I get the feeling director Alex Wright (whose most notable previous effort was a weak and pointless pseudo-prequel to 9 1/2 Weeks) wanted to recapture the flavor of the good ol' boy comedies popular in the 1970s and early 1980s -- Smokey and the Bandit and the like. Indeed, I can almost envision The Shipment as it might have been done in that more innocent era, with Jerry Reed in the Matthew Modine role (I was tempted to say Burt Reynolds, but even Burt's worst movies -- Stroker Ace, anyone? -- were immeasurably better than this) and, say, Claudia Jennings substituting for Elizabeth Berkley. But those old trucker flicks generally had a playful, sunny nature that is utterly absent from The Shipment, replaced by vulgar mean-spiritedness. Screenwriter Richard Steen (who used to write for Roseanne Barr, and it shows) apparently thinks profanity is inherently funny -- unlike a David Mamet, who often uses scabrous language as an insight into character, or a Richard Pryor, who employed it to reflect a subculture he couldn't illuminate accurately any other way -- so he fills his script with expletives, whether it benefits from them or not. (That I'm even mentioning Steen in the same breath with such geniuses as Mamet and Pryor is testimony to the multitude of brain cells snuffed out during the viewing of The Shipment.)
At this point, I could wax philosophical about the DVD itself, but anyone who would actually enjoy this submediocre trash will care not one whit about the quality of the presentation. In short: full-frame transfer, in decent shape; unremarkable stereo soundtrack; bargain-basement production values; no extras aside from a poorly-patchworked made-for-the-DVD trailer. This latter point, usually a significant negative factor in rendering a Verdict, is in this rare instance the cause of much rejoicing. It means the Judge didn't have to spend any more time with this disc than absolutely necessary. Spanish subtitles are included, so viewers of Latin extraction can feel demeaned in two languages.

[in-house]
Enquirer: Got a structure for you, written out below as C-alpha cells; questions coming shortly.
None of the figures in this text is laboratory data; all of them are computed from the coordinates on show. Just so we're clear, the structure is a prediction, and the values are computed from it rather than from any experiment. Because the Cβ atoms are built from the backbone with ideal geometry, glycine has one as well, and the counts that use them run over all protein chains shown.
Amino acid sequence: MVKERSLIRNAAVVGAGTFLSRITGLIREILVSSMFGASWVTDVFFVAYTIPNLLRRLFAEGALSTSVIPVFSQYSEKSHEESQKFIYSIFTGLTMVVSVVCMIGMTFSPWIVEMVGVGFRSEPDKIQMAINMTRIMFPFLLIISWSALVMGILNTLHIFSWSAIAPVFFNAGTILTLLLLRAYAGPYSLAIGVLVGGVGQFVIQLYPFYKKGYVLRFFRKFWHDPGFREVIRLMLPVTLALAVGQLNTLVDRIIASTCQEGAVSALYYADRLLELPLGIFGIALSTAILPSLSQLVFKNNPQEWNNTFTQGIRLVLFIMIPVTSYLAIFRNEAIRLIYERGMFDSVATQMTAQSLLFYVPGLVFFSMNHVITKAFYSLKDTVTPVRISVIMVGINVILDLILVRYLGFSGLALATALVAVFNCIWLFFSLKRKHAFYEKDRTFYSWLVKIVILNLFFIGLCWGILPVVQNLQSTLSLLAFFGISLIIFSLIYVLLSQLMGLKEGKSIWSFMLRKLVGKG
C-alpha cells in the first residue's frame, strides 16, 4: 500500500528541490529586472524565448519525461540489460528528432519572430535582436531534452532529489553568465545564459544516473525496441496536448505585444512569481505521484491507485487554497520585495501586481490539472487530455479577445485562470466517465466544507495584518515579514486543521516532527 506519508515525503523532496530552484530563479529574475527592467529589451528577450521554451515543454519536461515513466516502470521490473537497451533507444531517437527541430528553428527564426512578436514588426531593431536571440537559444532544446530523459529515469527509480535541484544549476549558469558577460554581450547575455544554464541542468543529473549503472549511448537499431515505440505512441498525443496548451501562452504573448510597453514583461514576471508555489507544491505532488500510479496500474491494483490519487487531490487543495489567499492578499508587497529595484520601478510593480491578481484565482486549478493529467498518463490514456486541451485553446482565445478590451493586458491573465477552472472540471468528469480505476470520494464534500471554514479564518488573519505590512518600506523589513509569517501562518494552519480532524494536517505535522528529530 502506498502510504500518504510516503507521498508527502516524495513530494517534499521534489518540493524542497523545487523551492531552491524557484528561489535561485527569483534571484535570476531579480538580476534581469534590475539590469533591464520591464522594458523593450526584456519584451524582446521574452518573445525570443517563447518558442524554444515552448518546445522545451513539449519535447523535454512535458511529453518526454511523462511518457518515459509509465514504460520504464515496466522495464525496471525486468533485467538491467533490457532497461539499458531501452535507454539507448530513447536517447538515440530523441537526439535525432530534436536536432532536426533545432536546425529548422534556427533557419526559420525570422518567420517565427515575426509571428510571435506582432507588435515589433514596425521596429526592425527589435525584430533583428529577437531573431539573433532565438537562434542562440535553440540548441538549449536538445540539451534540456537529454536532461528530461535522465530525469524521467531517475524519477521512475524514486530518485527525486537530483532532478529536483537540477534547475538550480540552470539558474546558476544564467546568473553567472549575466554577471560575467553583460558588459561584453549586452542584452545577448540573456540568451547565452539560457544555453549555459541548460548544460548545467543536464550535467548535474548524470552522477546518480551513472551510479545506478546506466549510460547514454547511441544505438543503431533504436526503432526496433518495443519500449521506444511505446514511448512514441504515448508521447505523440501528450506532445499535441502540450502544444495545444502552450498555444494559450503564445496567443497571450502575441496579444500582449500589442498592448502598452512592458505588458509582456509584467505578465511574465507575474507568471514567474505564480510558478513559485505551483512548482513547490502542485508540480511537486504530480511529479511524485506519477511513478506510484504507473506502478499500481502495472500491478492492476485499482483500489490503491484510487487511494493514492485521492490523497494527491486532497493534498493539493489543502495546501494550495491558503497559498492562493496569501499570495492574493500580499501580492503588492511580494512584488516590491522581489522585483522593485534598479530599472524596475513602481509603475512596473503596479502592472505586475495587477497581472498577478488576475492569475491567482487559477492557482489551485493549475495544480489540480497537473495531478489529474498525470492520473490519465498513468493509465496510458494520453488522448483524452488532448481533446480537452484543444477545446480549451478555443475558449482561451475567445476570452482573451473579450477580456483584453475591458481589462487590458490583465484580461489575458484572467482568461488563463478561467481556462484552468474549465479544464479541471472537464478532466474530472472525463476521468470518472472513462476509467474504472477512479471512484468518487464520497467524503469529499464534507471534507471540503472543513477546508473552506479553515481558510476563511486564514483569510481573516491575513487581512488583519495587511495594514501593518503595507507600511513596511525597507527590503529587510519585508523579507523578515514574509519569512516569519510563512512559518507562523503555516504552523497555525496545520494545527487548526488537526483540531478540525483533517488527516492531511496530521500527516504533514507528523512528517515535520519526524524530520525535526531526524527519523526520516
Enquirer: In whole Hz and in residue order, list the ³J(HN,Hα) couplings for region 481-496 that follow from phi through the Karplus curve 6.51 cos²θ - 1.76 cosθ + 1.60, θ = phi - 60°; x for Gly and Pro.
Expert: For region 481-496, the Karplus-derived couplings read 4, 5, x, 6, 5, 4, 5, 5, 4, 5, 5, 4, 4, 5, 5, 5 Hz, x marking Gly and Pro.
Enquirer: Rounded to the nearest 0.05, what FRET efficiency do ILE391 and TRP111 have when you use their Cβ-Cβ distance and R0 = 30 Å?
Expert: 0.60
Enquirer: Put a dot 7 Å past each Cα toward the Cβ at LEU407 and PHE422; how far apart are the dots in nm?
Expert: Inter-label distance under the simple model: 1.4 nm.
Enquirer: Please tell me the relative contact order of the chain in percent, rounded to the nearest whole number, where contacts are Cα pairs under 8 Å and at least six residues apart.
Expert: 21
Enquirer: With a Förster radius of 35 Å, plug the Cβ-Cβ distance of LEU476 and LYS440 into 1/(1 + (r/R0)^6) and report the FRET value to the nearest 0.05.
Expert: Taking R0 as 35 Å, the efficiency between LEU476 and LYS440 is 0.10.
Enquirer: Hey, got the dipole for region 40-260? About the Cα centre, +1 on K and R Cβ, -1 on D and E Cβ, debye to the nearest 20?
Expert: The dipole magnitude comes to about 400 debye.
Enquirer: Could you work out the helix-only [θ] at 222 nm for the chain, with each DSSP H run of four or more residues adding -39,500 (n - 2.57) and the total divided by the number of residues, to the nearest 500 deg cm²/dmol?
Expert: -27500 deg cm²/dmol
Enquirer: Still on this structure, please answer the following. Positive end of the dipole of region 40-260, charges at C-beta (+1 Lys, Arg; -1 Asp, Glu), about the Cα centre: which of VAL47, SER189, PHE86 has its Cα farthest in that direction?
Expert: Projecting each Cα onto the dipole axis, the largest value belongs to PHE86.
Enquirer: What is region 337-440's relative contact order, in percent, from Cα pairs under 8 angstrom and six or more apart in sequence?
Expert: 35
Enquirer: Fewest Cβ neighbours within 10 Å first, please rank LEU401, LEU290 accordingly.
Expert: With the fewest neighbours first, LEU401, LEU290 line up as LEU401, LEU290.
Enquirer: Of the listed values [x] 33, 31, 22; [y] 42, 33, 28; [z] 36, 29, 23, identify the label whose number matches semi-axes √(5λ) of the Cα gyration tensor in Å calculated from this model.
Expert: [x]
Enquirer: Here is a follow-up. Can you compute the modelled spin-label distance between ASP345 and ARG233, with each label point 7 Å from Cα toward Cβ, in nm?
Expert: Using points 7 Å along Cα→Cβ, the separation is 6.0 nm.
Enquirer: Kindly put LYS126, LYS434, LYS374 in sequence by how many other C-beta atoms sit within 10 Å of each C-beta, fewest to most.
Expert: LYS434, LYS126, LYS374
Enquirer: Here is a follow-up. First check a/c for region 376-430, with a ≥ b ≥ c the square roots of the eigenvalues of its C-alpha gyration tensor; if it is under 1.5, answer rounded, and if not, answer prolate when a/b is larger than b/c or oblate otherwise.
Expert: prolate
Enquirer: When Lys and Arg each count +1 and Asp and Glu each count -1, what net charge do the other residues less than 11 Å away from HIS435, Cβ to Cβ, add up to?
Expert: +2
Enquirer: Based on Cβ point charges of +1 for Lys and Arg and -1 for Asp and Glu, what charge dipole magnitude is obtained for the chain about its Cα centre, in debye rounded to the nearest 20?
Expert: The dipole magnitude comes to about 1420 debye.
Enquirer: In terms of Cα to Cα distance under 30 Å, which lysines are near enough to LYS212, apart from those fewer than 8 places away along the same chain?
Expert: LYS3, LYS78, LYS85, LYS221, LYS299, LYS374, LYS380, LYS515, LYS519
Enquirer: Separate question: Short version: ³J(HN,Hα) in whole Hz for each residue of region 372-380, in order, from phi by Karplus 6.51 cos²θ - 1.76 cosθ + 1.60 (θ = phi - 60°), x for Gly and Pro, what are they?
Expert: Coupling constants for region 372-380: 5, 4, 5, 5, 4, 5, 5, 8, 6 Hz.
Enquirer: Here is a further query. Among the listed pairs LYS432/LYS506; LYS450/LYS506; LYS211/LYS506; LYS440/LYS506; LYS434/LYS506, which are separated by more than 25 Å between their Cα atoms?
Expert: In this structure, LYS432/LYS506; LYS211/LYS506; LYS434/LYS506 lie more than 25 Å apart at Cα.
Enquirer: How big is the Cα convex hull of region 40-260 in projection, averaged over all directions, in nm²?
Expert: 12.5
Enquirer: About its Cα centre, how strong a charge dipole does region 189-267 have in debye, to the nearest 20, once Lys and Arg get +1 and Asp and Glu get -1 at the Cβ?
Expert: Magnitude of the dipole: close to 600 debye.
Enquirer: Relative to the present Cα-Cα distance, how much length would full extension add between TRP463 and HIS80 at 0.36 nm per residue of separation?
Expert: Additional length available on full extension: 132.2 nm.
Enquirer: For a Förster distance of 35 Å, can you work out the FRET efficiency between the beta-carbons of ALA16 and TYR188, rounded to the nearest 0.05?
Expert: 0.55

I'd like to be able to affirm that no actual cows were subjected to molestation during the making of The Shipment. However, given the depths to which this movie sinks, I'm not certain such an affirmation would be accurate.
Nasty, and not in a good way. Inept and insulting. You have better things to do than watch The Shipment. I can say that with confidence, and I don't even know you.
The Shipment and all parties pertaining thereto are summarily banished to permanent manure-shoveling detail on the largest available cattle ranch in Arizona. Court is dismissed. I'll leave the shower running when I'm through.
Review content copyright © 2002 Michael Rankins; Site layout and review format copyright © 1998 - 2015 HipClick Designs LLC
Scales of Justice
* Full Frame
* Dolby Digital 2.0 Stereo (English)
Running Time: 92 Minutes
Release Year: 2001
MPAA Rating: Rated R